PSM I questions
I am preparing for PSM I and I got some questions to myself :
1) Sprint review meeting;
who is responsible to ask questions about increment? I believe it is the whole scrum team as they are accountable to create a useful and valua increment so if any stakeholders have some questions, anyone from the team can aswer
can this meeting be used to discuss with stk the change of the market and what we should do next for the Product to increase its value as well as review the timeline, budget, potential capabilities for the next releases of functionalities?
I believe so, as stk can ask some questions about the product and the final Sprint review a revised Product backlog items and a refined product goal
2) Daily scrum: can other people outside the developers participate? I mean in case a manager wants to check how the daily scrum is set, could they attend?they just observe the, if it is yes, do we need the scrum master attend to to monitor daily scrum still follows the scrum rules? I would say NO at all, as the daily scrum is for dev only.
3) product backlog refinement: who is accountable to do it? I believe they are PO for ordering and description details and Developers for sizing. could it be the PO ask the stakeholders to take part in refinement session (set up by Scrum team as their own internal rule)?can they be involved but PO and Dev remain accountable at all?
4) from scrum glossary; scrum guide: the definition consists of scrum's roles, events , artifacts and rules to bind them together. are the values and the pillars included in event and artifacts in this sentence? I would enlist both of them separately.
Firstly, Scrum has no meetings. It has four events!
From the scrum guide about the sprint review:
The purpose of the Sprint Review is to inspect the outcome of the Sprint and determine future adaptations. The Scrum Team presents the results of their work to key stakeholders and progress toward the Product Goal is discussed.
During the event, the Scrum Team and stakeholders review what was accomplished in the Sprint and what has changed in their environment. Based on this information, attendees collaborate on what to do next. The Product Backlog may also be adjusted to meet new opportunities. The Sprint Review is a working session and the Scrum Team should avoid limiting it to a presentation.
Although the Daily Scrum is for the Developers, the SM can attend in order to see if the Developers are applying the Scrum rules, and if not, they can bring this up during the Sprint Retrospective. If the SM is also working on the increment, then they will participate instead of attending. The PO can also attend to make themselves available to answer questions (this is usually done throughout the day), as long as they realise that they cannot openly participate. Non-Scrum Team personnel could also possibly attend but in a listening only mode.
The PO is accountable for effective Product Backlog management. Refinement is done by the PO & Developers in an ongoing basis. During the Sprint Review stakeholders can help too.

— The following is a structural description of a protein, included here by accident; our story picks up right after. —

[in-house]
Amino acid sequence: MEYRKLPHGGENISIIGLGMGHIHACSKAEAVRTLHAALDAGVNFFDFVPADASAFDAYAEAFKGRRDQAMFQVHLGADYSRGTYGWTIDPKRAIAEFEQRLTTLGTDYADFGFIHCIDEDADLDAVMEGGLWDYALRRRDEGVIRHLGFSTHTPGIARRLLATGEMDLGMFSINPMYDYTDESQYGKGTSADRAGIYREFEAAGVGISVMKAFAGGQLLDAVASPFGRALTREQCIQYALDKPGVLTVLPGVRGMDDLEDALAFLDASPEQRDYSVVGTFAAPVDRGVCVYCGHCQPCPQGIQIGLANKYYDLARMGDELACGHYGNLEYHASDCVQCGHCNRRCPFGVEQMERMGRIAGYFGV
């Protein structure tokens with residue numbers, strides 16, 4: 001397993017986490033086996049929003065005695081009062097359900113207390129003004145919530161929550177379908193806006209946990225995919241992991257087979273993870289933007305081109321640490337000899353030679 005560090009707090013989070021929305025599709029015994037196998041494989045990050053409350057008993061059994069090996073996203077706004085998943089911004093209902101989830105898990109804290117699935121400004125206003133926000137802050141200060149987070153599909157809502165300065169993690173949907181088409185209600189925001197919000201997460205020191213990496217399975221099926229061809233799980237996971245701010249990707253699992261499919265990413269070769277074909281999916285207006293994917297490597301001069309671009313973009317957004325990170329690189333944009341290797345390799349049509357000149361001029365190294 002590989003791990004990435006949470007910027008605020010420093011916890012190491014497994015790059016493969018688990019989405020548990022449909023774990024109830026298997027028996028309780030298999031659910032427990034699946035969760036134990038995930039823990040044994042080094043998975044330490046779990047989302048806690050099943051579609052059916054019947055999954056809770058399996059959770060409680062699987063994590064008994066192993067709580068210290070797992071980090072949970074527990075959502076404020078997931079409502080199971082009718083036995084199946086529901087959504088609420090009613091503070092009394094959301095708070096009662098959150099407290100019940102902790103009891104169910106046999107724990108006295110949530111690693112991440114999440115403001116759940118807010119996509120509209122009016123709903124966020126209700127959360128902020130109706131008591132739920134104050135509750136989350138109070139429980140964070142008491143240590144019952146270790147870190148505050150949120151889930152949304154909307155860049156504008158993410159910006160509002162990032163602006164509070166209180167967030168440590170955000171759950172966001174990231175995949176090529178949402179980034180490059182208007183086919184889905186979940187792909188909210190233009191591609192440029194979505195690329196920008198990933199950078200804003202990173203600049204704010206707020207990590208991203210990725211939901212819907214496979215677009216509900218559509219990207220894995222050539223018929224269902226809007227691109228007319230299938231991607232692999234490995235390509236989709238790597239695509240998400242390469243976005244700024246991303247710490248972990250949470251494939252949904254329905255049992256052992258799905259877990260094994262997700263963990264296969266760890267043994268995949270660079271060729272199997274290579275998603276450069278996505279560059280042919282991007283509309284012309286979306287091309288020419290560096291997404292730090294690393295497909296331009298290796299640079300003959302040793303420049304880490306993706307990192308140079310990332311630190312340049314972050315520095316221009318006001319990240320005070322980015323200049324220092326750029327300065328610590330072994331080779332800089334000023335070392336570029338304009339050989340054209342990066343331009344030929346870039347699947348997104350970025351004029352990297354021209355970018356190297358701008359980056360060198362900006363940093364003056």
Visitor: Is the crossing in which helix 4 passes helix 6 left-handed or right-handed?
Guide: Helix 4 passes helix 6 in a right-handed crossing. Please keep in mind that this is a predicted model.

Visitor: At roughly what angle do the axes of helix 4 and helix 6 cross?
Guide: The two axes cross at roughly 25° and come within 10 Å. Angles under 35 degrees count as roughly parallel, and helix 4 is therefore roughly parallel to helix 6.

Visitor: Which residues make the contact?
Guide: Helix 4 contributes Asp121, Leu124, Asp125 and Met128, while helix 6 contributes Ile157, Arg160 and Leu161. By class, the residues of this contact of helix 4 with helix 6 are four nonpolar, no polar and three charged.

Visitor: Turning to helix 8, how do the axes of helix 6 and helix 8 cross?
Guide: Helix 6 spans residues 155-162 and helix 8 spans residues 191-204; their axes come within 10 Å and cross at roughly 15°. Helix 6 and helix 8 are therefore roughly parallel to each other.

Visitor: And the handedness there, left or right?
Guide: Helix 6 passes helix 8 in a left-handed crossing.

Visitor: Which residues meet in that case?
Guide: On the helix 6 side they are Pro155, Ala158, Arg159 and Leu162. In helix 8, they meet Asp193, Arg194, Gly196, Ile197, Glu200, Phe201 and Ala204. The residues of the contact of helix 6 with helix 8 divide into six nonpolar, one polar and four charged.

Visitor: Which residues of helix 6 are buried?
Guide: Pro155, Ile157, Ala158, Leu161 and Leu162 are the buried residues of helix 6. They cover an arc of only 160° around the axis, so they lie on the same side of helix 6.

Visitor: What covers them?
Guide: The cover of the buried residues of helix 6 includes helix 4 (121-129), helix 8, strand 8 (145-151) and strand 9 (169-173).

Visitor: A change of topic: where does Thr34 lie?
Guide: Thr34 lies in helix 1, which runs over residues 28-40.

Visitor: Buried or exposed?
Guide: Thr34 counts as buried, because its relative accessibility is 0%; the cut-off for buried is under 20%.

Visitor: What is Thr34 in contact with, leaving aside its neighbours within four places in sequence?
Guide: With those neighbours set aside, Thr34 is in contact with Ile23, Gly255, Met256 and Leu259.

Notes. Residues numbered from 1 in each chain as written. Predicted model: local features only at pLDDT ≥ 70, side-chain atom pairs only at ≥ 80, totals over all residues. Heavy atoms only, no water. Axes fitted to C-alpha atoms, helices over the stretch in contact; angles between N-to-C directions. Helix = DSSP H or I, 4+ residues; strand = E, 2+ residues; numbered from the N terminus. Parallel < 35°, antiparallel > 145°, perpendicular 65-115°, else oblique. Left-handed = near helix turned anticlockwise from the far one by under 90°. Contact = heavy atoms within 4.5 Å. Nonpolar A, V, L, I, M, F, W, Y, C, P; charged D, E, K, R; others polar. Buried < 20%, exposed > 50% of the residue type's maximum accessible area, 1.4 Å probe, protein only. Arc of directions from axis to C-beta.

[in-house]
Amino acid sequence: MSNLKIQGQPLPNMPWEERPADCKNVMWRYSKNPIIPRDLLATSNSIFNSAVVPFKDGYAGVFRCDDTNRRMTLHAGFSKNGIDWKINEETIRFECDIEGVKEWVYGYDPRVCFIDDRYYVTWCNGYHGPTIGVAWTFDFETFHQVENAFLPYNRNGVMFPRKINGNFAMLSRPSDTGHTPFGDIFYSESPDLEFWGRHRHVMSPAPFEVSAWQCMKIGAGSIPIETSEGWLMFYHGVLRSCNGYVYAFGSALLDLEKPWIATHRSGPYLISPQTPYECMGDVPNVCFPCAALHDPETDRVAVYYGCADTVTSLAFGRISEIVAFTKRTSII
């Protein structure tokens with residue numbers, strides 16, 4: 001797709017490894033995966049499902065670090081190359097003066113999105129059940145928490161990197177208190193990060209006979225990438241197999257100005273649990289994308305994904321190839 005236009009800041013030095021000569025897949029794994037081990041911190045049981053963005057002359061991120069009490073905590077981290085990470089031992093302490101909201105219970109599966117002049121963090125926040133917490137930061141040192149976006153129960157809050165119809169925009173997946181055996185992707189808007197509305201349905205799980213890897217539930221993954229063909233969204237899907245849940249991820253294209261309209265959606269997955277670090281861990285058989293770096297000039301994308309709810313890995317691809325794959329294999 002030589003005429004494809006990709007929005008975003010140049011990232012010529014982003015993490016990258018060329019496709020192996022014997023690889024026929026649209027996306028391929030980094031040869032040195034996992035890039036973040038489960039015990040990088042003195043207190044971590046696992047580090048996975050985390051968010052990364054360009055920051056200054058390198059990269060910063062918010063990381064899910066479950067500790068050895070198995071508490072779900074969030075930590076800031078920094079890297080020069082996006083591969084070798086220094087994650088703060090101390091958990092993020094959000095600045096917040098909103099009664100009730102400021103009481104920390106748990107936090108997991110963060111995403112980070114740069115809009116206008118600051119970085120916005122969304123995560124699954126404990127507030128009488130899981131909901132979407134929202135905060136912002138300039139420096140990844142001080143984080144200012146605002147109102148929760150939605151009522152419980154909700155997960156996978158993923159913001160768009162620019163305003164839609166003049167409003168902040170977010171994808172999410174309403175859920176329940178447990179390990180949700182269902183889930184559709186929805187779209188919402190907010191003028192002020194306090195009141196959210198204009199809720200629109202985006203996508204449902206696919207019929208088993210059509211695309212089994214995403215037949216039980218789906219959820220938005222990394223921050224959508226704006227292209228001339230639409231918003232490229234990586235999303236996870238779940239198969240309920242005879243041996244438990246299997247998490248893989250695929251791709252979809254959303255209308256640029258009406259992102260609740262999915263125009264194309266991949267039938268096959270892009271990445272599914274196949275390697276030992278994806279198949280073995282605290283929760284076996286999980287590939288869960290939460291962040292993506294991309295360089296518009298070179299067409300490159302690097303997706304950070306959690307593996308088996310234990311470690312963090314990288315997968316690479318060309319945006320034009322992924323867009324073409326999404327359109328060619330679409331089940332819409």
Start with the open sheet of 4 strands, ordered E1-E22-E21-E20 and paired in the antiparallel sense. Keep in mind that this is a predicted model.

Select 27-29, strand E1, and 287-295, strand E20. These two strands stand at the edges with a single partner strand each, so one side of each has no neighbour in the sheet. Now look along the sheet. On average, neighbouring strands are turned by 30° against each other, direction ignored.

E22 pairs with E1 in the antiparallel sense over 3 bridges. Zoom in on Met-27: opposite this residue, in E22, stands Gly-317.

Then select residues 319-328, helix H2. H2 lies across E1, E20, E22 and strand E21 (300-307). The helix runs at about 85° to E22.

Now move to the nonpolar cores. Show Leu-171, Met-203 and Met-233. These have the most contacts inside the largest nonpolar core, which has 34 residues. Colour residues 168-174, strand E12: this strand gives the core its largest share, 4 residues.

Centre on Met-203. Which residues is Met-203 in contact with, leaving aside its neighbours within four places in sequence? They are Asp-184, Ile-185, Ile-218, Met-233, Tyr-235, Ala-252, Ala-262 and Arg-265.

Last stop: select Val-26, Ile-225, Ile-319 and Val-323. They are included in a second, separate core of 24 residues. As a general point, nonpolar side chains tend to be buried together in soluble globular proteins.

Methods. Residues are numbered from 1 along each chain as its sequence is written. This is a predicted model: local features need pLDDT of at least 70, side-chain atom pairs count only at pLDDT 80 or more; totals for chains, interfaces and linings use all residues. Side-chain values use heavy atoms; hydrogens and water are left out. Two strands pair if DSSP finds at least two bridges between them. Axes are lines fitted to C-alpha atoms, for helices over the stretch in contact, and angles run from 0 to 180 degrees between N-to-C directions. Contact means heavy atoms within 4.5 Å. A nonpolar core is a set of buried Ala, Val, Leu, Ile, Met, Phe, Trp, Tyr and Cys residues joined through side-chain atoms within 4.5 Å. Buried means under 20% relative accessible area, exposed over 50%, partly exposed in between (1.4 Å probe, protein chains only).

From the scrum guide about the pillars:
Scrum combines four formal events for inspection and adaptation within a containing event, the Sprint. These events work because they implement the empirical Scrum pillars of transparency, inspection, and adaptation.
From the scrum guide about the values.
Successful use of Scrum depends on people becoming more proficient in living five values:
Commitment, Focus, Openness, Respect, and Courage
When these values are embodied by the Scrum Team and the people they work with, the empirical Scrum pillars of transparency, inspection, and adaptation come to life building trust.
thanks Scott, my bad, meetings are events indeed!
However, I count 5 formal events, not 4 because I consider Sprint too, it is a container, but always an event, am I wrong?
regarding the daily scrum, shall SM atted ONLY if requested? I mean they usually don't attend it, they do only if Developers need them for some advices.
regarding the daily scrum, shall SM atted ONLY if requested?
That would be rather prescriptive. Suppose the Scrum Master saw a need to attend, as might be the case with a novice team who don't yet know how to conduct a Daily Scrum, for example?
ok, so in that case they would be facilitator and coach of the daily scrum and it looks like their initiative
Hi Flavia, In the context of the Daily Scrum, what might coaching look like?
I'd say in different aspects such as:
- keep the time of Daily scrum in 15 mins
- help Developers to focus on what steps they truly doing to get the increment
- help to be focused on sprint goal
but I think Scrum master is an observer during the daily scrum and then, they can share their observations after the daily scrum in another meeting or directly in the retrospective, do you agree?
What about the Scrum Master as a facilitator? Out of what you described Flavia, what could be considered as elements of facilitation (vs. coaching)?
I am personally working on being more mindful about what is coaching and what is not. I like this Lyssa Adkins quote "Coaching is not about giving advice, but about supporting people to come up with their own solutions. If you ask the right questions, they always will.”
I think it is good to know when we are facilitating, when we are coaching, when we are teaching etc.
If we are explaining something we are likely teaching.
If we are asking questions to enable others to uncover the answers, we are likely coaching.
Sharing observations can be like holding up a mirror which could fall under coaching.